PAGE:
Good books make great gifts

Published 12:35 am Monday, December 21, 2009

Maybe you share a couple of characteristic with me. First, when it is time to choose your next book, do you ask folks what they have read and enjoyed recently? Second, when early December arrives, do you realize there are several holes to fill on your gift list? Be calm! I asked a few friends and colleagues what they’ve read and would recommend for holiday gift giving. Here’s the list (everyone works at Delta State except as noted):

Wayne Blansett, vice president for Student Affairs, recommends a local favorite, Rick Cleveland’s, “Boo: A Life In Baseball, Well-Lived.” Most who read this column will know or know about Coach Ferriss, and this is a wonderful account of his life and his contributions to the lives of others.

Luther Brown, associate dean for Delta Regional Development, suggests “Give My Poor Heart Ease” by Bill Ferris and “Cotton And Race In The Making Of America” by Gene Dattel. The first is a collection of oral histories from bluesmen and church women, and the second explains how the economics of cotton and racial politics were inextricably linked.

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Leslie Griffin, dean of Education, offers three books for your list: “Better: A Surgeon’s Notes On Performance” by Atul Gawande; “The Everlasting Stream: A True Story Of Rabbits, Guns, Friendship, And Family” by Walt Harrington; and “Five Thousand Days Like This One: An American Family History” by Jane Brox. Each of these teaches life lessons — ethical behavior, traditions that cross human barriers and the importance of family history in rural communities.

Claudia Limbert, president of Mississippi University for Women, recommends “The Help” by Kathryn Stockett. (Several others also had this book on their lists.) Dr. Limbert says, “It is beautifully and skillfully written with authentic voices and a narrative that pays close attention to the history of the early 1960s.” It is set in Jackson, Mississippi.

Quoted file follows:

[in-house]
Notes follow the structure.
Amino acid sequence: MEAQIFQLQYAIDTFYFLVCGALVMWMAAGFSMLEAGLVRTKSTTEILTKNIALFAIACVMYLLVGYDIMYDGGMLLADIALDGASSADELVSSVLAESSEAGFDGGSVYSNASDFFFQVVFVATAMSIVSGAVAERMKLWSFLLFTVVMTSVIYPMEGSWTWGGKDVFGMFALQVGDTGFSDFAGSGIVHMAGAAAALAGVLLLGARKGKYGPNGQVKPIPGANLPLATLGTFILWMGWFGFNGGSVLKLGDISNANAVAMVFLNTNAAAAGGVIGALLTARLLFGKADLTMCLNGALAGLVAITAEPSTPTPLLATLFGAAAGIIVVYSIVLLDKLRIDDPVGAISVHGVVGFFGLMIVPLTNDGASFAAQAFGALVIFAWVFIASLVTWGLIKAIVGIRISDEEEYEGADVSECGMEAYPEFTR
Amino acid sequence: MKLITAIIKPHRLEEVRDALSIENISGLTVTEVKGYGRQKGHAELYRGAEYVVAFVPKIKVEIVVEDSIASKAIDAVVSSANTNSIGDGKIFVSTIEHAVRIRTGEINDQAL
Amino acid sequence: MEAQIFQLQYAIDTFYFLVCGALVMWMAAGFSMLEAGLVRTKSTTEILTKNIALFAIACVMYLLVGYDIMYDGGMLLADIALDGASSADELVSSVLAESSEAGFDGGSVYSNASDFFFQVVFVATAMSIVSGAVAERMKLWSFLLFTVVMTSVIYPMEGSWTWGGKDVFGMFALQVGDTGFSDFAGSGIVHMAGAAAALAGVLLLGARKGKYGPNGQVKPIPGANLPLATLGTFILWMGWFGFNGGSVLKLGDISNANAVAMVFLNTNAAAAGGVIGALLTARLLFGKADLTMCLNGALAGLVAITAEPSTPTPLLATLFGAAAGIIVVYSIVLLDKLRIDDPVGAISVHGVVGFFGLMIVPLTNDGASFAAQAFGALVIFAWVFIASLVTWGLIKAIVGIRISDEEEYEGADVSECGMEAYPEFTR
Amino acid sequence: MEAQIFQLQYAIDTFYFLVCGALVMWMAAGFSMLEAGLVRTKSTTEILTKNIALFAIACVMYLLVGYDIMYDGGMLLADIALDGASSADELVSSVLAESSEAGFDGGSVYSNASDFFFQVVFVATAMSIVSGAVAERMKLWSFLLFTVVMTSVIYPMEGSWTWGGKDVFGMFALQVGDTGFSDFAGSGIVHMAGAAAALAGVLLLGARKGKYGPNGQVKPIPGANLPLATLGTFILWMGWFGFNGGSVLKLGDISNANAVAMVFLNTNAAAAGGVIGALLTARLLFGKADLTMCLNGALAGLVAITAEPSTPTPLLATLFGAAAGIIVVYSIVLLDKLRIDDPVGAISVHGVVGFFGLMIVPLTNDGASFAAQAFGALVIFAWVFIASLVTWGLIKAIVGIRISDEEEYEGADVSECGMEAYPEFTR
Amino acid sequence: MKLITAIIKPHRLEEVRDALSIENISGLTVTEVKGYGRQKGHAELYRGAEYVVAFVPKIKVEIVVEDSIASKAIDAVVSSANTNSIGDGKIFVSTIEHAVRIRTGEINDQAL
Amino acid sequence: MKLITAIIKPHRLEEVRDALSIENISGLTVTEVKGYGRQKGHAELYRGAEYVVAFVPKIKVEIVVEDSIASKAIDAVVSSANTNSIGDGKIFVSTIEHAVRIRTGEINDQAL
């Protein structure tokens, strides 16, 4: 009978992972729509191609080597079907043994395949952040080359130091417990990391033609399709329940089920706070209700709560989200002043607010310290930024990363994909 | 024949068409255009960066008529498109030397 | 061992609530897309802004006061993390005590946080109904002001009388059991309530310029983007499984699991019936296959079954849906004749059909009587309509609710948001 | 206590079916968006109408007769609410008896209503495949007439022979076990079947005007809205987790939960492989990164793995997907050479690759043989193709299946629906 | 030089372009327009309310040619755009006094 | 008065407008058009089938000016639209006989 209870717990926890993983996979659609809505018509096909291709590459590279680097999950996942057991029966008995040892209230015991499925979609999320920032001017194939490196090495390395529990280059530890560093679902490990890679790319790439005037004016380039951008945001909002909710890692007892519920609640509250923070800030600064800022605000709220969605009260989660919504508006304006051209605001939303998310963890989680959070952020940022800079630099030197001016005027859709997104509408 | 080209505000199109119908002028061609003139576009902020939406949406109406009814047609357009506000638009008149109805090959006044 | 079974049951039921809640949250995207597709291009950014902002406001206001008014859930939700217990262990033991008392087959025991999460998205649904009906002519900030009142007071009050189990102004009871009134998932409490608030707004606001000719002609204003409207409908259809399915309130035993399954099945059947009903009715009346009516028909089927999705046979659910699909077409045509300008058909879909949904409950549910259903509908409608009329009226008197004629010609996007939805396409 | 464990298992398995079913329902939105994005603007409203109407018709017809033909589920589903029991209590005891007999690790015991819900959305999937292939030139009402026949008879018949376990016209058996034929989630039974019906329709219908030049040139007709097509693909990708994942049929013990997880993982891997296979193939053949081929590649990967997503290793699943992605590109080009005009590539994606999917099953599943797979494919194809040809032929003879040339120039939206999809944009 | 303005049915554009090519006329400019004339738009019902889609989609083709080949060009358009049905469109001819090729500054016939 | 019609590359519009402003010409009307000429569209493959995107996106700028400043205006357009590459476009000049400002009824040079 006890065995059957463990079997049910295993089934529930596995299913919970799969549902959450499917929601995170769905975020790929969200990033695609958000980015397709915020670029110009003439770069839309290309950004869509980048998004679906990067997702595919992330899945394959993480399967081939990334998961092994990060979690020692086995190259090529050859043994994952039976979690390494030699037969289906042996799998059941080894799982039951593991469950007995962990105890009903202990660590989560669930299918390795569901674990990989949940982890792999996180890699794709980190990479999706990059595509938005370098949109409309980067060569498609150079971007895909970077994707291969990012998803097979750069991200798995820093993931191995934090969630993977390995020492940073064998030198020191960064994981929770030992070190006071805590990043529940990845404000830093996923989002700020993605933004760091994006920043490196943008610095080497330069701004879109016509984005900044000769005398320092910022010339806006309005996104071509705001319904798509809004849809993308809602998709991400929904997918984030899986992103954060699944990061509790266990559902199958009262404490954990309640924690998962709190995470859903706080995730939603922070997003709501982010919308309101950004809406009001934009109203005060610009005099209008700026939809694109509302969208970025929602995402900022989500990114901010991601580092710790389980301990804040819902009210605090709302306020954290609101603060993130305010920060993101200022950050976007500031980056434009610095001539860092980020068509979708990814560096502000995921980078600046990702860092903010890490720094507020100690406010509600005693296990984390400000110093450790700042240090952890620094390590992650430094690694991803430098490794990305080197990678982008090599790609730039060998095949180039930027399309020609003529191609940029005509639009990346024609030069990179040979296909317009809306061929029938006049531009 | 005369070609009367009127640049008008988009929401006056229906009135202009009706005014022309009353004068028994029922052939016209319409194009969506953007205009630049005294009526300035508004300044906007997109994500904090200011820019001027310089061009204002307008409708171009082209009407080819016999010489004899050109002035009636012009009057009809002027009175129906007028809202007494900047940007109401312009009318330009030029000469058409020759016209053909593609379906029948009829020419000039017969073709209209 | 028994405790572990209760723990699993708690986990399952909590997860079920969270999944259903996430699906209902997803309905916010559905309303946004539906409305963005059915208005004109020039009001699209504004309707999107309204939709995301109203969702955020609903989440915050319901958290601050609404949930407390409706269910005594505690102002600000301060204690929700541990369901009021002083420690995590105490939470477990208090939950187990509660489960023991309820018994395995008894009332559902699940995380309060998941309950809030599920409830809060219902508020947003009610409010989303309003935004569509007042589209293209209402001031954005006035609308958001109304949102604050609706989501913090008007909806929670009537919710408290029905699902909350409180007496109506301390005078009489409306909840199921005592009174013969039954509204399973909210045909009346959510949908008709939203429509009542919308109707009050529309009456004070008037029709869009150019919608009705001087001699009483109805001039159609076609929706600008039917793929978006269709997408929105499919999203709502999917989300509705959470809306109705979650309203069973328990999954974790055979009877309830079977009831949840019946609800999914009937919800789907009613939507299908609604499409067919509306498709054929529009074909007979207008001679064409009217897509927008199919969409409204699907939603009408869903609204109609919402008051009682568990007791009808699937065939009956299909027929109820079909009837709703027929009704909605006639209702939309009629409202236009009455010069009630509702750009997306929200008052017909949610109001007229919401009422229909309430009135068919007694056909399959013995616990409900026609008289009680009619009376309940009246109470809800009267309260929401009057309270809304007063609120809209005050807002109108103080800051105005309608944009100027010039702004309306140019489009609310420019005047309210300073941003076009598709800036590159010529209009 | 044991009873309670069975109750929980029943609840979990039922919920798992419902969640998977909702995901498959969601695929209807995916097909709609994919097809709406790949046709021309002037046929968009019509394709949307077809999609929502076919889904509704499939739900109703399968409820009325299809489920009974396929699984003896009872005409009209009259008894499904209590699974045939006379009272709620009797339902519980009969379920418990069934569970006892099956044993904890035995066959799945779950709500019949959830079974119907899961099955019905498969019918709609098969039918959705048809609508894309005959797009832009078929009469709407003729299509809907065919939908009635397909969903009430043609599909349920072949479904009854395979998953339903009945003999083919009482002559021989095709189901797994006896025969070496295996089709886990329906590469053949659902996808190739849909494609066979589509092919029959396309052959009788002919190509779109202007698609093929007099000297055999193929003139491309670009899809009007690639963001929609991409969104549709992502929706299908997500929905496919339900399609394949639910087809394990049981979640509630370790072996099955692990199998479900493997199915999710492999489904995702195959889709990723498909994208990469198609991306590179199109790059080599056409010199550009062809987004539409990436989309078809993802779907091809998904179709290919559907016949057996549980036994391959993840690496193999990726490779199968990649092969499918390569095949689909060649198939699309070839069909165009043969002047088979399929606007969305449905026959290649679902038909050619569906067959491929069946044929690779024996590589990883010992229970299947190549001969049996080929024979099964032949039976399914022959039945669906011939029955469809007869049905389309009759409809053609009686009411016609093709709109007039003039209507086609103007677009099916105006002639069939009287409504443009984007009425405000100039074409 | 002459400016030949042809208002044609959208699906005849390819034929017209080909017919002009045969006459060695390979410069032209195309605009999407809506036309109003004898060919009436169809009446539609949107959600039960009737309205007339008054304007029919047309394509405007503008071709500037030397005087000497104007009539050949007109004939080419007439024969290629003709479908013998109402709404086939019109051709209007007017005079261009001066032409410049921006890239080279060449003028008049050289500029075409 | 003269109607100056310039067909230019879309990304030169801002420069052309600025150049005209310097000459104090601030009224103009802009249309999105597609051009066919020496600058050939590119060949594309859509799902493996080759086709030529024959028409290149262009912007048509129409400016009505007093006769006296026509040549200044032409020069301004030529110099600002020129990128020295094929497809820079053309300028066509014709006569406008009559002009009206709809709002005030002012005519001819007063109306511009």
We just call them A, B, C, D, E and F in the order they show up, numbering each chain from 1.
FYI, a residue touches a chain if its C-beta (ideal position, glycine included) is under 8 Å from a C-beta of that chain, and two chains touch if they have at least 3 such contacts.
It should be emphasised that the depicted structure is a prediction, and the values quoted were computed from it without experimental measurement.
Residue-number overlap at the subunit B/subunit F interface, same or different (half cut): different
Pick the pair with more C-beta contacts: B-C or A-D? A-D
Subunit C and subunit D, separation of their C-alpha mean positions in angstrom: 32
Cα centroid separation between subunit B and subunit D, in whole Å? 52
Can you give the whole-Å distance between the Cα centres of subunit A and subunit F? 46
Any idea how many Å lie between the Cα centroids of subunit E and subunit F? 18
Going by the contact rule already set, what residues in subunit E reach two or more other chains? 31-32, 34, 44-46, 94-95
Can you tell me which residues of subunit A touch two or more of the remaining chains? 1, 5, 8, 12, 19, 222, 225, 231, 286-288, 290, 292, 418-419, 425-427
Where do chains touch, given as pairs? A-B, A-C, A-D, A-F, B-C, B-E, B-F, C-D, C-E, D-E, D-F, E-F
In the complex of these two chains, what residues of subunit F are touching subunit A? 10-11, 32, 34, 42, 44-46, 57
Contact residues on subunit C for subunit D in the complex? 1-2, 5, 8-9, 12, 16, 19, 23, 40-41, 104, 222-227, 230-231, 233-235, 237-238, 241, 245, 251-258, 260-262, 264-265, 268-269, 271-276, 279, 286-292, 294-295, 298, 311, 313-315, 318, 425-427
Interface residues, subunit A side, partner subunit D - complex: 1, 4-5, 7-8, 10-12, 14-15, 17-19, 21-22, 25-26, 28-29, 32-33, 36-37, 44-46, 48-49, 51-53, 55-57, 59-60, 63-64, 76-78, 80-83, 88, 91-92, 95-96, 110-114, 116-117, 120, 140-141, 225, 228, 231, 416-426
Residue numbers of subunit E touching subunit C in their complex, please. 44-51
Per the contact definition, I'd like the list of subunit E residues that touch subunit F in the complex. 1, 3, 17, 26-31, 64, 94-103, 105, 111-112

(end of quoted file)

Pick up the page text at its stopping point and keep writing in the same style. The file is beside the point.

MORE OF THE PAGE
Ann Lotven, provost and vice president for Academic Affairs, suggests “True Compass” by Edward Kennedy, an autobiography by the late senator, and “The Bishop’s Boys: A Life Of Wilbur And Orville Wright” by Tom Crouch. This latter book shows how family experiences contributed to the inventors’ success.

Albert Nylander, dean of Graduate Studies, reached back to 1937 for his recommendation: “How To Win Friends And Influence People” by Dale Carnegie. Dr. Nylander says it is a wonderful family book, and he and his wife share it with their children as they travel in their car. His 12-year-old son finds lessons he can apply in relationships with friends.

Collier Parker, dean of Arts and Sciences, adds to the list with “Cradle To Cradle: Remaking The Way We Make Things” by William McDonough and Michael Brangart. An American architect and a German chemist offer new thinking about simple and complex designs that can be used and reused.

Greg Redlin, vice president for Finance and Administration, suggests Philip Roth’s “Patrimony.” This nearly 20-year-old book shares a personal view of the relationship between an aged father and his son as the father lives through his final months. Ro Ann, Greg’s wife, is an artist in the kitchen and recommends “Screen Doors And Sweet Tea: Recipes And Tales From A Southern Cook” by Martha Hall Foose.

And what do the Hilperts recommend? Pat enjoyed “The Shack: Where Tragedy Confronts Eternity” by William Paul Young, the story of a father’s loss and the events that bring him closer to his faith. I found both entertainment and substance in a biography, “Satchel: The Life And Times Of An American Legend” by Larry Tye. It relates the challenges and triumphs of Satchel Paige, the amazingly talented black baseball pitcher whose career spanned the first half of the 20th century.

Just by chance the list began and ended with books about baseball pitchers. In between there are recommendations for nearly every taste. Maybe you can find something for yourself or for the folks on your holiday list. Enjoy!

John Hilpert is the president of Delta State University.